In May 2021, the FASB issued ASU 2021-04, Earnings Per Share (Topic 260), Debt—Modifications and Extinguishments (Subtopic 470-50), Compensation—Stock Compensation (Topic 718), and Derivatives and Hedging—Contracts in Entity’s Own Equity (Subtopic 815-40): Issuer’s Accounting for Certain Modifications or Exchanges of Freestanding Equity-Classified Written Call Options. ASU 2021-04 provides clarification and reduces diversity in an issuer’s accounting for modifications or exchanges of freestanding equity-classified written call options (such as warrants) that remain equity classified after modification or exchange. An issuer measures the effect of a modification or exchange as the difference between the fair value of the modified or exchanged warrant and the fair value of that warrant immediately before modification or exchange. ASU 2021-04 introduces a recognition model that comprises four categories of transactions and the corresponding accounting treatment for each category (equity issuance, debt origination, debt modification, and modifications unrelated to equity issuance and debt origination or modification). ASU 2021-04 is effective for all entities for fiscal years beginning after December 15, 2021, including interim periods within those fiscal years. An entity should apply the guidance provided in ASU 2021-04 prospectively to modifications or exchanges occurring on or after the effective date. The Company adopted ASU 2021-04 effective January 1, 2022. The adoption of ASU 2021-04 did not have any material impact on the Company’s consolidated financial statements or the related disclosures.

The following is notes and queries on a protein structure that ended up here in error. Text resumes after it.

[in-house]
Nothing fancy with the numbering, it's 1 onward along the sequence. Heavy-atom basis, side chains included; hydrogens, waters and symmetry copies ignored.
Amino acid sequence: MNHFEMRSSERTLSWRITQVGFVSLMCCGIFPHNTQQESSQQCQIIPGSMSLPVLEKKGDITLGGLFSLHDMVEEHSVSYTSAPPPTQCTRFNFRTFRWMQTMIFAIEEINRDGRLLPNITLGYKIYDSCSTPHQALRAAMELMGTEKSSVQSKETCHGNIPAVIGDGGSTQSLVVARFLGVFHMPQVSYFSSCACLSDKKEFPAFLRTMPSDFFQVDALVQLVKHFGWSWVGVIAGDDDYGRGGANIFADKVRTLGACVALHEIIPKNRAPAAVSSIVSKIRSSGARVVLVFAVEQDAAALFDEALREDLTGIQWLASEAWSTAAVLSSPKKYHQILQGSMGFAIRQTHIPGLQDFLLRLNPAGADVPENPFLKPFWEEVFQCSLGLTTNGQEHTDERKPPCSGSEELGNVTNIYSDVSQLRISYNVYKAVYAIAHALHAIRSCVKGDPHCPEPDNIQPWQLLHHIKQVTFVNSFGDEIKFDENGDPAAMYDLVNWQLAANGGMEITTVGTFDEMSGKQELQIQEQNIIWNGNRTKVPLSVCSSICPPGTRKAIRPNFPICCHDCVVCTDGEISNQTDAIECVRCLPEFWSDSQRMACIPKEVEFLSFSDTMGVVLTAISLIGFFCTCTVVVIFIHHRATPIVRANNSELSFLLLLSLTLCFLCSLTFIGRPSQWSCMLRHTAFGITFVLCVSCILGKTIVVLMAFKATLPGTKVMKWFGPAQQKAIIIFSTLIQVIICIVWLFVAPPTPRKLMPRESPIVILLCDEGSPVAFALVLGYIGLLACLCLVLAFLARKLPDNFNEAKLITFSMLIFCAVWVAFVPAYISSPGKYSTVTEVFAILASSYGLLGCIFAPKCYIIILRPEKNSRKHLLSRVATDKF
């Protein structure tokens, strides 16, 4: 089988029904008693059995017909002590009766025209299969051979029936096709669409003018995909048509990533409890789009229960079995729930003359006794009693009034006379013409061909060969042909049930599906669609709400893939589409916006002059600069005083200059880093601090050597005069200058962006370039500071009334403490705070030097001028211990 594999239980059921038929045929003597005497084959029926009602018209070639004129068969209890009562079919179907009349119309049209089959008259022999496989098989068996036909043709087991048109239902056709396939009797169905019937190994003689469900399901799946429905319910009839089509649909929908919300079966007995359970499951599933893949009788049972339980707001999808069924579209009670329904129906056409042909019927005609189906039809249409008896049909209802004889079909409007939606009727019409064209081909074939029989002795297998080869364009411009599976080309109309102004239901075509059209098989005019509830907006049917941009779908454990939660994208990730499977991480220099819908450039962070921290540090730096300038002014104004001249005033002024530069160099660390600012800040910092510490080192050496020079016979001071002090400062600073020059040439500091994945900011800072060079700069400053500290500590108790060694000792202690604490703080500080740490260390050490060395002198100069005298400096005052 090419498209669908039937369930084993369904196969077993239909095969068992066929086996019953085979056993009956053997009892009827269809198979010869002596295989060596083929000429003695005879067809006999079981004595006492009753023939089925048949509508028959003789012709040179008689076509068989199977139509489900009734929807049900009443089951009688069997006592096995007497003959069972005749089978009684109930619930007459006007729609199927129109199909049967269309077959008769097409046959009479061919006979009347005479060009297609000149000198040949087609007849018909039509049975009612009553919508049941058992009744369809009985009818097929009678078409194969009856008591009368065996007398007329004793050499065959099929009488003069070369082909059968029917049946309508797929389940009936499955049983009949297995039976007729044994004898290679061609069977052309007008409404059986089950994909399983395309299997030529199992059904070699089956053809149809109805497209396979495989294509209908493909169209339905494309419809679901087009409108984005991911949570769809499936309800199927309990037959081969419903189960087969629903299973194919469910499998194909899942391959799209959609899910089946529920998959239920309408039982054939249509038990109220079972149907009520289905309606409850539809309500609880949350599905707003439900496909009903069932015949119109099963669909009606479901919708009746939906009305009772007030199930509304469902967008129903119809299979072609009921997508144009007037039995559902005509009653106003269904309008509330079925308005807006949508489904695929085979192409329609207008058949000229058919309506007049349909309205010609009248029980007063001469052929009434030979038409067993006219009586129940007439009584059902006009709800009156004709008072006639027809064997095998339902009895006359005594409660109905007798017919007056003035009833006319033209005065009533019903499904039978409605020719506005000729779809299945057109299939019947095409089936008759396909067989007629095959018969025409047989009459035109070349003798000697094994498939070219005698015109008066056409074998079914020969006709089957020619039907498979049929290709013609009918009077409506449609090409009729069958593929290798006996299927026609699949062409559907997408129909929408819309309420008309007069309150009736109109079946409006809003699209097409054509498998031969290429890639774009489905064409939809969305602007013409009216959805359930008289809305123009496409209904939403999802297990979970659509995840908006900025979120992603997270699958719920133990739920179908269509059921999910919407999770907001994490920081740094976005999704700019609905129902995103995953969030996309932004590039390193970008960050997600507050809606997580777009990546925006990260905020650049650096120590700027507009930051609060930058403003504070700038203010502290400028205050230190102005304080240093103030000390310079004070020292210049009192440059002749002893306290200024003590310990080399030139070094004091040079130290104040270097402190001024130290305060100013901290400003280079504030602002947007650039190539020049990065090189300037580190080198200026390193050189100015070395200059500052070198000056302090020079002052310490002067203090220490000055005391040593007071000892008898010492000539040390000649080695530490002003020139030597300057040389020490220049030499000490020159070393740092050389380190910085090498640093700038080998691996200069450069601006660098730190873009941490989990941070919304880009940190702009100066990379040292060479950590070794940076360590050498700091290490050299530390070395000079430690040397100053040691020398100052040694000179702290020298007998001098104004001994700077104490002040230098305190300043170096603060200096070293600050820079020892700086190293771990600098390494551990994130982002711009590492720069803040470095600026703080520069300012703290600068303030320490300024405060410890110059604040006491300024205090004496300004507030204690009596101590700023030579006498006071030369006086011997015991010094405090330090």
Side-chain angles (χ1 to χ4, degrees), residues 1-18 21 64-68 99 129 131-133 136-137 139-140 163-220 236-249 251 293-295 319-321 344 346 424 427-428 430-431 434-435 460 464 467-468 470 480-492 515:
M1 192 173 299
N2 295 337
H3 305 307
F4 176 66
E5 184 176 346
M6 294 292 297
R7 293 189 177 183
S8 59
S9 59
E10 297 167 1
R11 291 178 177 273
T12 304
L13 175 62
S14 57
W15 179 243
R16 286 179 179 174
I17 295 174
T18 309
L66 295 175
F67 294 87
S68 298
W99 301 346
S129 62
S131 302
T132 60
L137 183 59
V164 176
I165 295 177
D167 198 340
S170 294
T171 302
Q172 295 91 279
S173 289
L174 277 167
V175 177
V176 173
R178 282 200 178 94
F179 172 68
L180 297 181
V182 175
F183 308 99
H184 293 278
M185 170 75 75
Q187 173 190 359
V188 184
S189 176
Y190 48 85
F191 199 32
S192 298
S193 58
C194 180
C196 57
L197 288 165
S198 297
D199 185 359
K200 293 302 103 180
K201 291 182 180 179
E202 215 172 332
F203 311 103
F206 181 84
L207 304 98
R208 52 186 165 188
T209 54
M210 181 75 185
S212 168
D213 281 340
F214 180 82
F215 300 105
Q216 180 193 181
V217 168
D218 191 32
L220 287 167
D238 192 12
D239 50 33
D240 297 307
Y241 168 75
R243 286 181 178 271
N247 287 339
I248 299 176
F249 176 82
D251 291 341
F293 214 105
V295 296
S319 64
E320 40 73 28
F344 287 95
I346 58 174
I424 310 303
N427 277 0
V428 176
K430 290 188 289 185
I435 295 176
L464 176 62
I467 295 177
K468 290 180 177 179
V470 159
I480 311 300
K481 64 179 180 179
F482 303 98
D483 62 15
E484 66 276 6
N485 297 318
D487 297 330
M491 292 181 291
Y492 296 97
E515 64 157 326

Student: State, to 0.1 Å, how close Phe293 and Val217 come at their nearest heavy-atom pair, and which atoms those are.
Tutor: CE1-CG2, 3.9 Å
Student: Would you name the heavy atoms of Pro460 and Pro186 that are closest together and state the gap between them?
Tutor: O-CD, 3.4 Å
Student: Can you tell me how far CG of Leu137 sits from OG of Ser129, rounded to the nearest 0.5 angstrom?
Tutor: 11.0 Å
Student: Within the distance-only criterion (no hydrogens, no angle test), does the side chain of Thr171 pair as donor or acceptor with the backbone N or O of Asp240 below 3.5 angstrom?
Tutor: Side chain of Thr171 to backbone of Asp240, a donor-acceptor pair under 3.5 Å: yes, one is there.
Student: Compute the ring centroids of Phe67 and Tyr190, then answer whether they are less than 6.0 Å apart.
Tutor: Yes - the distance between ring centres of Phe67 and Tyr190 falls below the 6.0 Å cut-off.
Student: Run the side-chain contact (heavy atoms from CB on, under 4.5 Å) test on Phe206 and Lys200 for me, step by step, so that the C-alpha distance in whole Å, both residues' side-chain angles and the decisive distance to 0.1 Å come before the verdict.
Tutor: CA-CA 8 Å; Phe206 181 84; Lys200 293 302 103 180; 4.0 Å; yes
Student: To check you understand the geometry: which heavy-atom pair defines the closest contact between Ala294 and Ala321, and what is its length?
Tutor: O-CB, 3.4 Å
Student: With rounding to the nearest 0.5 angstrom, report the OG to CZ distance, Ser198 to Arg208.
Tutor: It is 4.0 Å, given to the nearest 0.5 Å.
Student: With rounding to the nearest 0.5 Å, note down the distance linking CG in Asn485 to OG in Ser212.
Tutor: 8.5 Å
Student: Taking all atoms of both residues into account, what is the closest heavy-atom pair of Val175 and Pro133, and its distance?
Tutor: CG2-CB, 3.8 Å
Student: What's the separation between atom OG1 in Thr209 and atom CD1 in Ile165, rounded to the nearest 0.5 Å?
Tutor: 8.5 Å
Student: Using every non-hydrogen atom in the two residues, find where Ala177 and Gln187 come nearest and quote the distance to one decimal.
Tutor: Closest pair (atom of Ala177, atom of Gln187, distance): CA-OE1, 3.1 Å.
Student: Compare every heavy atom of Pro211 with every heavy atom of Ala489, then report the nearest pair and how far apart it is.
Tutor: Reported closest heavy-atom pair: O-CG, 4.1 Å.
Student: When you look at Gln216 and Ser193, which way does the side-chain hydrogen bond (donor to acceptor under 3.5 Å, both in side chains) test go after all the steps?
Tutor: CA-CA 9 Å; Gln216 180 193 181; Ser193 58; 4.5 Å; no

In October 2021, the FASB issued ASU 2021-08, Business Combinations (Topic 805): Accounting for Contract Assets and Contract Liabilities from Contracts with Customers. ASU 2021-08 will require companies to recognize and measure contract assets and contract liabilities relating to contracts with customers that are acquired in a business combination in accordance with ASC 606. Under current GAAP, an acquirer generally recognizes assets acquired and liabilities assumed in a business combination, including contract assets and contract liabilities arising from revenue contracts with customers, at fair value on the acquisition date. ASU No. 2021-08 will result in the acquirer recording acquired contract assets and liabilities on the same basis that would have been recorded by the acquiree before the acquisition under ASC Topic 606. The ASU is effective for fiscal years beginning after December 15, 2022, with early adoption permitted. The Company adopted this ASU as of January 1, 2022 on a prospective basis and the adoption impact of the new standard will depend on the magnitude of future acquisitions. The standard will not impact acquired contract assets or liabilities from business combinations occurring prior to the adoption date.